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County cuts down proposed plant list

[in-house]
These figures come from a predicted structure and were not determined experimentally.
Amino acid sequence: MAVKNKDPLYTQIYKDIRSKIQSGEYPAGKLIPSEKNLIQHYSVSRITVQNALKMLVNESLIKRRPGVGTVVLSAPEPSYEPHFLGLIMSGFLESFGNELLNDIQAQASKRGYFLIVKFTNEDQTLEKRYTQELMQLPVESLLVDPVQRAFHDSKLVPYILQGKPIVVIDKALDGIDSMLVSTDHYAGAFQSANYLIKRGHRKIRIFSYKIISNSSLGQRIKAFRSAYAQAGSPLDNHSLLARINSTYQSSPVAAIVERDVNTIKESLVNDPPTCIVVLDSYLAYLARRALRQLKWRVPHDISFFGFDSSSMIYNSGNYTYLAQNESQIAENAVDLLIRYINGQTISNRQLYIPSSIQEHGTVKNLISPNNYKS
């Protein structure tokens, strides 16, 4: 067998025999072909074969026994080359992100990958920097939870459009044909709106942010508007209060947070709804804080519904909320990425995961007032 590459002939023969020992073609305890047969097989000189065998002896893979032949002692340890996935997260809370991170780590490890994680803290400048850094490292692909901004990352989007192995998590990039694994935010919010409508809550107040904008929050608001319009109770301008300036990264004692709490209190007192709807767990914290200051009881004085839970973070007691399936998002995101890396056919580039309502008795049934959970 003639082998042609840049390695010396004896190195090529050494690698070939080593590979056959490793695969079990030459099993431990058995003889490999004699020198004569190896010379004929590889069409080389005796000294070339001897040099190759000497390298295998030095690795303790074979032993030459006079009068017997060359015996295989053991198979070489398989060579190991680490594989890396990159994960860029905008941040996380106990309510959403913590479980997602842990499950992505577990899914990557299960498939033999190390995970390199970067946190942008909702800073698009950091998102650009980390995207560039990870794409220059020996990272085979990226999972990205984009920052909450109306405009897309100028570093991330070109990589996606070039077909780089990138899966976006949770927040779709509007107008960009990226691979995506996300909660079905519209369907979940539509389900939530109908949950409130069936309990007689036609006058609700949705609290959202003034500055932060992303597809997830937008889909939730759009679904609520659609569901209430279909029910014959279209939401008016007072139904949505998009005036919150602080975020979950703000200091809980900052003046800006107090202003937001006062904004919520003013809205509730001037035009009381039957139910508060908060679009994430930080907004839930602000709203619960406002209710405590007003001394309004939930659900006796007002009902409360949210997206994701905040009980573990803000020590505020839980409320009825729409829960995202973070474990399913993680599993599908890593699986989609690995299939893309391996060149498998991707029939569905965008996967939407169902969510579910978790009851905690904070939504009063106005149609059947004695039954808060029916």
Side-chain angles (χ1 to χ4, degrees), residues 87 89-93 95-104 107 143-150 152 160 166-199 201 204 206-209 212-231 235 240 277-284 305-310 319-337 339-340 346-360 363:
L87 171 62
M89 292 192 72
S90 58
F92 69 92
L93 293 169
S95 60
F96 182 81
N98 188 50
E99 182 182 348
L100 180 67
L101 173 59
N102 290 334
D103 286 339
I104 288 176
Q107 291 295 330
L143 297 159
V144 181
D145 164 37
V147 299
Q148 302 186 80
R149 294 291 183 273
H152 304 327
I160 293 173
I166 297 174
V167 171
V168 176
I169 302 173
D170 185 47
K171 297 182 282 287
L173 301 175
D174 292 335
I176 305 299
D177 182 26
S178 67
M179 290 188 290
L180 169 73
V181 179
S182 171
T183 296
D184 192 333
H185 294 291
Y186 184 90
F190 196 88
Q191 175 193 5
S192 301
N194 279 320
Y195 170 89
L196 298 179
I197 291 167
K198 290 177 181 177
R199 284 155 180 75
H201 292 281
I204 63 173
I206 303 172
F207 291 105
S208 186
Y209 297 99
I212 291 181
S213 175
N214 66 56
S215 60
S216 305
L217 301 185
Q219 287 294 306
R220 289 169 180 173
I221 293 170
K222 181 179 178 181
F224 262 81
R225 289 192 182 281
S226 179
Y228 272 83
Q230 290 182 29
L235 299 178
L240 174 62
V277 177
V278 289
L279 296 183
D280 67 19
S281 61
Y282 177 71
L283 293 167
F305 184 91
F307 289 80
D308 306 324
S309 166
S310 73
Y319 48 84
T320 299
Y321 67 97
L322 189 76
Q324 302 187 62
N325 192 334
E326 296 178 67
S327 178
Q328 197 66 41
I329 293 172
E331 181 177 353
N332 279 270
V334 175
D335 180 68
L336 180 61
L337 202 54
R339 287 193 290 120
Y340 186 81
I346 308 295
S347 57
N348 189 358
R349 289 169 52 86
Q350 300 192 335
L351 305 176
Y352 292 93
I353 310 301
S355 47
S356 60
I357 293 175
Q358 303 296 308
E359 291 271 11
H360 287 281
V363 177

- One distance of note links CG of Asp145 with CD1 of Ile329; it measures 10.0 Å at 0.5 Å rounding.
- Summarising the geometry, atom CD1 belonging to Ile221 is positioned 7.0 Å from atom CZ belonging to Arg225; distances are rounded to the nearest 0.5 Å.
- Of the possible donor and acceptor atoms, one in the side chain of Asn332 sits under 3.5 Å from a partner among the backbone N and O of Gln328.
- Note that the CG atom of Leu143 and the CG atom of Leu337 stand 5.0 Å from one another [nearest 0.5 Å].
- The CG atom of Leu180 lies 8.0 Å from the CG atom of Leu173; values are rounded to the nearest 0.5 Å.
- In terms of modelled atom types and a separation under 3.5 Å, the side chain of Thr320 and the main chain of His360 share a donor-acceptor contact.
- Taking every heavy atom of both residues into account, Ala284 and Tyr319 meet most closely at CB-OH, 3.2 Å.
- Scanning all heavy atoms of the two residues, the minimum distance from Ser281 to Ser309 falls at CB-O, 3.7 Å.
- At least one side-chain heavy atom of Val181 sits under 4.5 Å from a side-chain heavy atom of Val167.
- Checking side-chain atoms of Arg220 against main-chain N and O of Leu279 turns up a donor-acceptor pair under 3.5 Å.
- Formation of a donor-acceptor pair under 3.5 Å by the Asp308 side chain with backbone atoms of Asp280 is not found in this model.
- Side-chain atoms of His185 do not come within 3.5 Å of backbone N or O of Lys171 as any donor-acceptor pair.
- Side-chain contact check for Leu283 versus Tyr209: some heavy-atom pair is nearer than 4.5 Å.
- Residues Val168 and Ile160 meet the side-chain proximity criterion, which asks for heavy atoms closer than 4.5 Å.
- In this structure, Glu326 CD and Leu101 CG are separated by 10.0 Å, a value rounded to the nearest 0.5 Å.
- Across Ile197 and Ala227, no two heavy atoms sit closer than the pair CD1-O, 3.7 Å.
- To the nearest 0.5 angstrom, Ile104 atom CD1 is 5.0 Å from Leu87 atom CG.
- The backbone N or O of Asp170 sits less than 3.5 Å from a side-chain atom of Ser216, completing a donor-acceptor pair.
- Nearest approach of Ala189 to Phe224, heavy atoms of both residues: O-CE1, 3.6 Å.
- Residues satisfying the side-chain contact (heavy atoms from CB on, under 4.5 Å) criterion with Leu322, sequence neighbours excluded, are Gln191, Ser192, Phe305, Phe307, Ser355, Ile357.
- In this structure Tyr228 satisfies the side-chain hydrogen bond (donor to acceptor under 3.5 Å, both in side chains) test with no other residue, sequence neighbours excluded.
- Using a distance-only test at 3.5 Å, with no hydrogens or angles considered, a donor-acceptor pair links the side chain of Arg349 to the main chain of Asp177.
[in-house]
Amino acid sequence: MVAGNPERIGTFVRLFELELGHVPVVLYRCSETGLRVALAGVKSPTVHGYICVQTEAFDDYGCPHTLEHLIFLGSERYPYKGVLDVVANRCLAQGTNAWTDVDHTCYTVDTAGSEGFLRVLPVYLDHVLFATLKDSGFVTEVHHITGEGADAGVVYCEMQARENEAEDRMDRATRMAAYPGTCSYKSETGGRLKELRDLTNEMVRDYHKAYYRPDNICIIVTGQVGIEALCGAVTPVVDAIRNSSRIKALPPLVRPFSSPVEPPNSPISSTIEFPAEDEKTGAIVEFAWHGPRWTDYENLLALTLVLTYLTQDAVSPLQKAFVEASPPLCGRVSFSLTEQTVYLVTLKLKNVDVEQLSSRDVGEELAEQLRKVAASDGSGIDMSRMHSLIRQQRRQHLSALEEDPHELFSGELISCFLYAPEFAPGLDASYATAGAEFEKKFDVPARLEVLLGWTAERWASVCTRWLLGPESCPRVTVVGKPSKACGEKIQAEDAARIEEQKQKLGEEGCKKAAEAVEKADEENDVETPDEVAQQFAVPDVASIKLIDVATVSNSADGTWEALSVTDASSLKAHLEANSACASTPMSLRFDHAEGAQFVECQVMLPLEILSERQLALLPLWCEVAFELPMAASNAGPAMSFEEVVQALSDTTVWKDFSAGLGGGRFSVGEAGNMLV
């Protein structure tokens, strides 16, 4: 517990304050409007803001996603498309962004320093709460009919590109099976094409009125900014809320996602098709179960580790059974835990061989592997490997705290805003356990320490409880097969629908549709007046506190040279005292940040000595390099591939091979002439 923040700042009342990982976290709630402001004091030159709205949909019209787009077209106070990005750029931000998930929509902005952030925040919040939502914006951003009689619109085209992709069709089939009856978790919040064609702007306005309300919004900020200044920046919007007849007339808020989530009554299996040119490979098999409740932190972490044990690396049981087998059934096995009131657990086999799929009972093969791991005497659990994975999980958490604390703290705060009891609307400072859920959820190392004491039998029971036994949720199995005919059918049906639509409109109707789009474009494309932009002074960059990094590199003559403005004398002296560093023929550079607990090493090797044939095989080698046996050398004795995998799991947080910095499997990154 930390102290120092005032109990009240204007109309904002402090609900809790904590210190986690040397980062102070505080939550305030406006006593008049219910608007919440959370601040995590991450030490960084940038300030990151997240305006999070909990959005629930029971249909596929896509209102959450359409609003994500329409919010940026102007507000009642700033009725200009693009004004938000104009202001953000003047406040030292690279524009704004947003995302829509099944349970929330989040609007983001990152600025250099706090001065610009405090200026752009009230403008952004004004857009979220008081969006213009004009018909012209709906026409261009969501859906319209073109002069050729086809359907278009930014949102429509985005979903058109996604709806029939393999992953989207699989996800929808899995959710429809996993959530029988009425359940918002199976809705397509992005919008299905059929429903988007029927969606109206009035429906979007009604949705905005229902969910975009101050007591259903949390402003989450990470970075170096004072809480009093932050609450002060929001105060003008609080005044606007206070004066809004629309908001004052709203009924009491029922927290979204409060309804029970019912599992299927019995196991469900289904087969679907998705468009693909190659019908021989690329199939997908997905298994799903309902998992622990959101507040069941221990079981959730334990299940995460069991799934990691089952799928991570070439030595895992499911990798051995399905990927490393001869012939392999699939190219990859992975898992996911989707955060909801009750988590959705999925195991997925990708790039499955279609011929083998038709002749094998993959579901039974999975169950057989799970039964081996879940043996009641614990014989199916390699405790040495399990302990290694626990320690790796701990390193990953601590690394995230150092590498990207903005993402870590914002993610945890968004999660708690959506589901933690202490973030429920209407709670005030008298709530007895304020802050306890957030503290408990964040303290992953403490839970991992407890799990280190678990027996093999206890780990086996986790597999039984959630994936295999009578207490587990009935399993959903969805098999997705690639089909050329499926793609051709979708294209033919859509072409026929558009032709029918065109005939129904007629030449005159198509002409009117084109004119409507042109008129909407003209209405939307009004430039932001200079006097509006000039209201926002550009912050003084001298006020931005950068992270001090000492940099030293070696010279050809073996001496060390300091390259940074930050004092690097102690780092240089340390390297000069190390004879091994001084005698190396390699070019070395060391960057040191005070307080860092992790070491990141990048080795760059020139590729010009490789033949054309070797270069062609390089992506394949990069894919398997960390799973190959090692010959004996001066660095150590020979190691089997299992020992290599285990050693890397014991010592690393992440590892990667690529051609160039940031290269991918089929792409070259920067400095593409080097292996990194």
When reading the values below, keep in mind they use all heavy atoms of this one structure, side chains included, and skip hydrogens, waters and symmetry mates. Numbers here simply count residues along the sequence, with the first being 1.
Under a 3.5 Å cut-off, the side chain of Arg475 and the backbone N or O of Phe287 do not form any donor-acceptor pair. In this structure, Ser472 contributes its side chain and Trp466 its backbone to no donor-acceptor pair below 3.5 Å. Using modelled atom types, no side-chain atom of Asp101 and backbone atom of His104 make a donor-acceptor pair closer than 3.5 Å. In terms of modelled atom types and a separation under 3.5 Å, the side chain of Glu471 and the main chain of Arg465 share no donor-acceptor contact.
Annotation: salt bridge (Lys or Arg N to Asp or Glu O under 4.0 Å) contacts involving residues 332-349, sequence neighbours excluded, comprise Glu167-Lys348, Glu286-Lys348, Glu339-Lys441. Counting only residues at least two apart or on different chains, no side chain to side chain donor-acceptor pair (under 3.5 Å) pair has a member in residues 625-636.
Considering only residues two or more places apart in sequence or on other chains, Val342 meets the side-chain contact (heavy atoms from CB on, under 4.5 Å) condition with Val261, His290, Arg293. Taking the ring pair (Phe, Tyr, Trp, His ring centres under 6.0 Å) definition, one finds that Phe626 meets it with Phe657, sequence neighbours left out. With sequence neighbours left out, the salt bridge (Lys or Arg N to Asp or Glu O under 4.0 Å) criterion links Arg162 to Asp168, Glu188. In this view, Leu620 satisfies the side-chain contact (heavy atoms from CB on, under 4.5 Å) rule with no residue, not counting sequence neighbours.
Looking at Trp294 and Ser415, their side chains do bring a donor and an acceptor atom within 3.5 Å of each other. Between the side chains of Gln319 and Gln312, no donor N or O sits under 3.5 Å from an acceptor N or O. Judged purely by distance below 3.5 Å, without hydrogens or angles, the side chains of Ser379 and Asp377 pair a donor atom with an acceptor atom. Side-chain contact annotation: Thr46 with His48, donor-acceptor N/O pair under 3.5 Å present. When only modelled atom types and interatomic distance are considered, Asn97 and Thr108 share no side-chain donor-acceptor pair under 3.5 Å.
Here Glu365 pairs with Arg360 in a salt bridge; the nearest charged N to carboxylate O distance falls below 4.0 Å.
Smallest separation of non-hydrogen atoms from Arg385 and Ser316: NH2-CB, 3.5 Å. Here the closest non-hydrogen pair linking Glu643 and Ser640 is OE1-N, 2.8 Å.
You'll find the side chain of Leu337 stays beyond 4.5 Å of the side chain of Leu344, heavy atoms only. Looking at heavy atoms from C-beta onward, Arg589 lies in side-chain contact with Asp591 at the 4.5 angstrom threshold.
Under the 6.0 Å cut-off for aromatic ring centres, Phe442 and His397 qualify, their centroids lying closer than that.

"The Island County commissioners reassured property owners Monday that there won't be a lot of new development laws protecting more than 30 possibly rare local plants. But in so doing, they ticked off environmentalists - to say the least.They have given no consideration to future generations. They have spat on our descendents and on these species' existence on Whidbey Island, said Steve Erickson, spokesman for the Whidbey Environmental Action Network. It was the most embarrassing thing I have seen in over 16 years of going to meetings of the Board of Island County Commissioners.Erickson was reacting to the commissioners' decision to narrow a list of 33 species WEAN believes should be protected or watched down to just one during a public hearing Monday afternoon. Working under the state's Growth Management Act, WEAN nominated the plants as potential species of local importance. If approved, the county would have take measures to insure that such plants would not be harmed by development or misuse.The county has been slow taking action on the nominations - so much so that the Western Washington Growth Management Hearings Board told them to do so in June of 1999. By October of this year, after action had still not taken place, the growth board told the commissioners to do it by the end of January or risk possible economic sanctions by the state.In its order the board told the commissioners to make a reasoned analysis using best available science in their decision making process, but Erickson said that after reviewing the evidence before them the commissioner's decided not to.It was neither science nor common sense, he said. We'll be back in front of the hearing board as fast as we can.But Island County Commissioner Bill Thorn said that when the list of plants was held up to the established criteria for determining if they are rare, only one, the blue flag iris, rose to the top. The iris is only known to grow in Central Whidbey on Grasser's Hill overlooking Penn Cove.Thorn also noted that six of the remaining listed plants were on land now owned by the Au Sable Institute, an organization pledged to the protection of native plants.(Those plants) are going to have significant protection, he said.As to the others, Thorn said there just isn't enough information available on the plants' existence, range and trends for the commissioners to start making new laws.But Erickson said that if the commissioners applied the same decision-making criteria to a Whidbey plant such as Golden Paintbrush, which is already on a national list of endangered species, they would not have designated it as rare either.The way they are interpreting this ... that species would not make the cut, said Erickson. He criticized the commissioners for using a lack of information as a defense while not having any plan in place for collecting information. Thorn admitted that there is no defined plan in the county for collecting data on local plants and there is no current plan to start one. But he said he has already begun talks with the Washington State University Master Gardener program about the possibility of using volunteers to gather information.Thorn also said that the decision-making process is not done. The commissioners will hold another public hearing on the subject Jan. 22, at which time WEAN and other members of the public will get a chance to express their positions again. Regardless, Thorn said, he is reluctant to force property owners to protect plants through new laws.My first approach is to enlist the cooperation of the property owner, he said. I am not opposed to using the law if we have to, but it wouldn't be my first choice. "